Morningstar Ratings began when it purchased the respected independent rater Realpoint in 2010. Realpoint was only registered to rate structured finance products, and Morningstar has leveraged that authority to begin rating muniland.
Morningstar Ratings, as a Nationally Recognized Statistical Rating Organization (NRSRO), has to do a lot to prove its chops against bigger competitors Fitch, Moody’s and Standard & Poor’s.
I’ve been pushing for more competition among raters since 2003, so I think the entrance of Morningstar and others is fantastic. Markets benefit from more opinions. Shaking up the ratings business is needed for more timely and accurate ratings.
Nowhere is this competition more evident than on the conference call Morningstar held about its research on Puerto Rico. Puerto Rico is the third-largest issuer in muniland, and the most broadly held. Morningstar estimates that 75 percent of U.S. municipal bond funds hold Puerto Rico bonds. The three major raters do a good job covering the commonwealth’s fiscal conditions, credit characteristics and the covenants of various types of municipal bonds. But Morningstar brings a different perspective to evaluating the credit quality, liquidity and priority of various types of Puerto Rico bonds. Here are a few examples.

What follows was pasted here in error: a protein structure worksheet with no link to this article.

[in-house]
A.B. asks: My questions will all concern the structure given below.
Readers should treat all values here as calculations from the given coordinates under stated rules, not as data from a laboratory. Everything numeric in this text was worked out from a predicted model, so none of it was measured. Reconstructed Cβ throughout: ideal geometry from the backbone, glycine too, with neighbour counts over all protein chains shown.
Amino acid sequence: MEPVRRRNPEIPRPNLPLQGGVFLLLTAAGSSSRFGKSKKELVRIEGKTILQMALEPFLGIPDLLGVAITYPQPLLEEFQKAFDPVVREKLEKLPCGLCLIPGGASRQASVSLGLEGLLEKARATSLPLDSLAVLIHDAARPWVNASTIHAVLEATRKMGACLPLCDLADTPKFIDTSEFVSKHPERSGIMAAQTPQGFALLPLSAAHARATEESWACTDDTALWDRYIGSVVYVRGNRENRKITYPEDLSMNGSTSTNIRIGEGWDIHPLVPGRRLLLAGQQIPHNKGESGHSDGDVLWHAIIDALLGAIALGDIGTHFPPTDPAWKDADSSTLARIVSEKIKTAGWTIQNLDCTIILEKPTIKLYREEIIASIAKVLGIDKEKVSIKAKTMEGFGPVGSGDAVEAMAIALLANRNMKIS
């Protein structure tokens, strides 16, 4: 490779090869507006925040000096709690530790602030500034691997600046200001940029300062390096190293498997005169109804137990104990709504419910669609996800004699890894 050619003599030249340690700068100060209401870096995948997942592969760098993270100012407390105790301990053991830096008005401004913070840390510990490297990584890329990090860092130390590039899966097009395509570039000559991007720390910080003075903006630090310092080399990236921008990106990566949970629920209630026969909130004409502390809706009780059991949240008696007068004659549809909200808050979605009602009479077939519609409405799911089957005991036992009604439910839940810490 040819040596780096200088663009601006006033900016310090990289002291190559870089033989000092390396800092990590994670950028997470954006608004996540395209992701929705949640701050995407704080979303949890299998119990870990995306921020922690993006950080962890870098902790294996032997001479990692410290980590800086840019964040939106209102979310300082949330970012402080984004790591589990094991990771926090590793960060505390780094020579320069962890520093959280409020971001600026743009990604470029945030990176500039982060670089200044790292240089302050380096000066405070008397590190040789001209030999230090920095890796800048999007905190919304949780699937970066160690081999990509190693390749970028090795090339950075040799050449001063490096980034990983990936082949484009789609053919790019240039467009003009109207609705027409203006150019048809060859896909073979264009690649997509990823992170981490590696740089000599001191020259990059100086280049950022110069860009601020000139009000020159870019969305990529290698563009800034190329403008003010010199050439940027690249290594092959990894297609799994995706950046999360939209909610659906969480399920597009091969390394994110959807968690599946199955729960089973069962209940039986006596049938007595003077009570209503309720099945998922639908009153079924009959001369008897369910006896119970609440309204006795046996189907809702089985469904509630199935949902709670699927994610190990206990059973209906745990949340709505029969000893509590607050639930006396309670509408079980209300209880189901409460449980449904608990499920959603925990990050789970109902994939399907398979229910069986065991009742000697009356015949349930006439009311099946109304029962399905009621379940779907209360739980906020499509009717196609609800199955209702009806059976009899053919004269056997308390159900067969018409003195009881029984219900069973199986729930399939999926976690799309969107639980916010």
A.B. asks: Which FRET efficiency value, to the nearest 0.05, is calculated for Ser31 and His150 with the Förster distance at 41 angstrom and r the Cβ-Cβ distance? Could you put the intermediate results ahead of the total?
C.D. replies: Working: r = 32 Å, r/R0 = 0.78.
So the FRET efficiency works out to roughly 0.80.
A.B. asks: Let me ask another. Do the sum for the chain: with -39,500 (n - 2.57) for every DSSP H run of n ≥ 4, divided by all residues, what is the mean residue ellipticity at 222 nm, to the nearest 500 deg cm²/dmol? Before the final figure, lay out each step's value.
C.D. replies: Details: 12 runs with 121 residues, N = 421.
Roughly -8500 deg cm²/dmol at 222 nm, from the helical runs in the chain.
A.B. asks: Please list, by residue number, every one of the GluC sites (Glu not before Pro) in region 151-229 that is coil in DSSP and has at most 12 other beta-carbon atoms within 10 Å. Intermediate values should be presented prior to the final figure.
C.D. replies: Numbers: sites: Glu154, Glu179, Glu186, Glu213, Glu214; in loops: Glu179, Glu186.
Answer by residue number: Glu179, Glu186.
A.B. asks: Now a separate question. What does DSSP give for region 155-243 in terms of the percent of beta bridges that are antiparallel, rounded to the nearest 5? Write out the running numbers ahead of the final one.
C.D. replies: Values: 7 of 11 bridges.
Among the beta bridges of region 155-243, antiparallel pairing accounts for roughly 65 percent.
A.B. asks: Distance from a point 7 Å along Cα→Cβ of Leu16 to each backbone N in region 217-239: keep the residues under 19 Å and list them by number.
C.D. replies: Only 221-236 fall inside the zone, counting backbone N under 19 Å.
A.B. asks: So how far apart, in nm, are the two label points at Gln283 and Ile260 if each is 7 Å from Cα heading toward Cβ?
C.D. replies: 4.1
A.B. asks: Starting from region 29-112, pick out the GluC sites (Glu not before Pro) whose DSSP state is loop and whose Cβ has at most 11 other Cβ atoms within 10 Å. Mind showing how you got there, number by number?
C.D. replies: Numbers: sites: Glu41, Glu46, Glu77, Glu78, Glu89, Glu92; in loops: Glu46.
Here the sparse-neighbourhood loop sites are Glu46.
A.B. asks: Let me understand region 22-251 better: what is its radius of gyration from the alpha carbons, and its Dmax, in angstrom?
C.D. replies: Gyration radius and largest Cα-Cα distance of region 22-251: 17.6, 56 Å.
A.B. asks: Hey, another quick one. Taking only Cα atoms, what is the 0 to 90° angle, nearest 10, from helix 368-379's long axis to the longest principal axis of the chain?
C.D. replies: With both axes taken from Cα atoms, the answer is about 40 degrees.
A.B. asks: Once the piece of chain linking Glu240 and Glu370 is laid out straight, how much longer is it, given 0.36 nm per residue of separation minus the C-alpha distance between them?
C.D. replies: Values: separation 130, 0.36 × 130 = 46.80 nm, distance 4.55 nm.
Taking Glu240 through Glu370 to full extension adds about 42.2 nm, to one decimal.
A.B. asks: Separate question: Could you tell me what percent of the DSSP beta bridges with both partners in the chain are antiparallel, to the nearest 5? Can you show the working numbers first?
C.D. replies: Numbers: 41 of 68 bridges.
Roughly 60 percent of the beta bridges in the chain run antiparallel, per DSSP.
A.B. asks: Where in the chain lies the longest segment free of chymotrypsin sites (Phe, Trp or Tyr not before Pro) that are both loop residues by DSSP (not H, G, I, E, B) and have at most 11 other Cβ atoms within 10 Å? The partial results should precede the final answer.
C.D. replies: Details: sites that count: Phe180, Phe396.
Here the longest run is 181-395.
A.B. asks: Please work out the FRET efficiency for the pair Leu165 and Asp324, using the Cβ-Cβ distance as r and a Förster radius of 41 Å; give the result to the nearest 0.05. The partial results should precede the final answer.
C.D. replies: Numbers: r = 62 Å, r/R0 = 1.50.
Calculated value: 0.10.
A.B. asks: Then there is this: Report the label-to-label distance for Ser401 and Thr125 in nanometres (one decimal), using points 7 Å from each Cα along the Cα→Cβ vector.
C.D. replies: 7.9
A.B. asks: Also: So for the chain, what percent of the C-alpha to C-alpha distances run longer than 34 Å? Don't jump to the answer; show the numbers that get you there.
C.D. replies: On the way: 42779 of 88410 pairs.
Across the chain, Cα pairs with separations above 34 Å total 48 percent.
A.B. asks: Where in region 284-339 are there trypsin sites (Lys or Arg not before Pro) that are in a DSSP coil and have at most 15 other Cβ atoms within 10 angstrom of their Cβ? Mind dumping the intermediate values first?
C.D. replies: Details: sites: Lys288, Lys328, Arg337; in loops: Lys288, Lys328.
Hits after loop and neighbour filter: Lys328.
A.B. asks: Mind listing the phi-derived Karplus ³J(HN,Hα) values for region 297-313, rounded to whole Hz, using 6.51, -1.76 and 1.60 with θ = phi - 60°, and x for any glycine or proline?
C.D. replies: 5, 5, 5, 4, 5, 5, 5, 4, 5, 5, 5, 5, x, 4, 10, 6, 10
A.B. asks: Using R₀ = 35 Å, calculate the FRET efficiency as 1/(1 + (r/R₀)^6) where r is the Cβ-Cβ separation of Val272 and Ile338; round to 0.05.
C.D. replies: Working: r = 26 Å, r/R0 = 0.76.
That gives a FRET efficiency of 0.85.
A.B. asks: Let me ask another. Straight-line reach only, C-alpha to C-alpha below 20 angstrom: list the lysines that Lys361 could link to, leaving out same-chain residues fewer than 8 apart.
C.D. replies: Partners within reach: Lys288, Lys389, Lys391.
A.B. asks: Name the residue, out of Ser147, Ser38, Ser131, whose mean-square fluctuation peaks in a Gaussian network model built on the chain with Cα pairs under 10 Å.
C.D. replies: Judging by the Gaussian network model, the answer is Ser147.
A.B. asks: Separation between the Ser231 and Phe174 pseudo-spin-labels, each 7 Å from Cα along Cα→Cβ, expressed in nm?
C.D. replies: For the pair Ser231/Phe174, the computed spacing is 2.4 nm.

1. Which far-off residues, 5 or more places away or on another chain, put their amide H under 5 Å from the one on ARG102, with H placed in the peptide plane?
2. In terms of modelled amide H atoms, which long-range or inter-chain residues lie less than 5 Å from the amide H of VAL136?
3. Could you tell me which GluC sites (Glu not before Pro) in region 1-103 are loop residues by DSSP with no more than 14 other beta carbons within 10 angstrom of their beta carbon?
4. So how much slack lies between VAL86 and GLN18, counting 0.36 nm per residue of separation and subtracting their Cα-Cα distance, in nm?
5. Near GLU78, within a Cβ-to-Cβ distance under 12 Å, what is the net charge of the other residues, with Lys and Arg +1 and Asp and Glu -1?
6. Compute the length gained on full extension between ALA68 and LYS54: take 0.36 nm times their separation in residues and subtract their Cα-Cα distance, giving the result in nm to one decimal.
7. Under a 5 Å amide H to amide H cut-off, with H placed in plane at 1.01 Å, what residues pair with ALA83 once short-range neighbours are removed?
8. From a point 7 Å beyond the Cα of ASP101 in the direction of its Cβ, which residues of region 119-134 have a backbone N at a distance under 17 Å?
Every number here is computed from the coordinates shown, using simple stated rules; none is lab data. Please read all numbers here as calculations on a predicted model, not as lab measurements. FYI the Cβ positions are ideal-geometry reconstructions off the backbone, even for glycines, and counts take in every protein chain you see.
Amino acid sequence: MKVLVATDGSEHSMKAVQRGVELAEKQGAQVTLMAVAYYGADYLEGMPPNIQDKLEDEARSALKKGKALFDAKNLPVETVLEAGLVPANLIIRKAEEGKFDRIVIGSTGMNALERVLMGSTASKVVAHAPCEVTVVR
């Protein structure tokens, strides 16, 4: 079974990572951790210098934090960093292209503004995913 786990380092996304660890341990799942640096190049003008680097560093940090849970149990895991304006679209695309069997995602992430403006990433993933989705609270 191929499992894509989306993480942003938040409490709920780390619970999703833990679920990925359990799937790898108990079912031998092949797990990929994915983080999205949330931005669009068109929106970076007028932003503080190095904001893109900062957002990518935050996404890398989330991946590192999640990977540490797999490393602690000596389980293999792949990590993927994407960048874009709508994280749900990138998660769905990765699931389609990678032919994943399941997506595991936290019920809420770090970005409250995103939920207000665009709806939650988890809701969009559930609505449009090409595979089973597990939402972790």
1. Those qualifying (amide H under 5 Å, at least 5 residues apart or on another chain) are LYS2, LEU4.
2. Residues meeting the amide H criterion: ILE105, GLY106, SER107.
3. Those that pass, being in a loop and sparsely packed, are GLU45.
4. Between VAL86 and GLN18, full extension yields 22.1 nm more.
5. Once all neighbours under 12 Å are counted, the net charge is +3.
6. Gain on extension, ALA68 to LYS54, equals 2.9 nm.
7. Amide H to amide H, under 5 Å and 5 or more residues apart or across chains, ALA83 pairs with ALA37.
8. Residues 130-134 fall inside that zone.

This chart shows that PR credit spreads have been stressed since 2007. It’s often forgotten in muniland that Puerto Rico has long been considered risky by the market.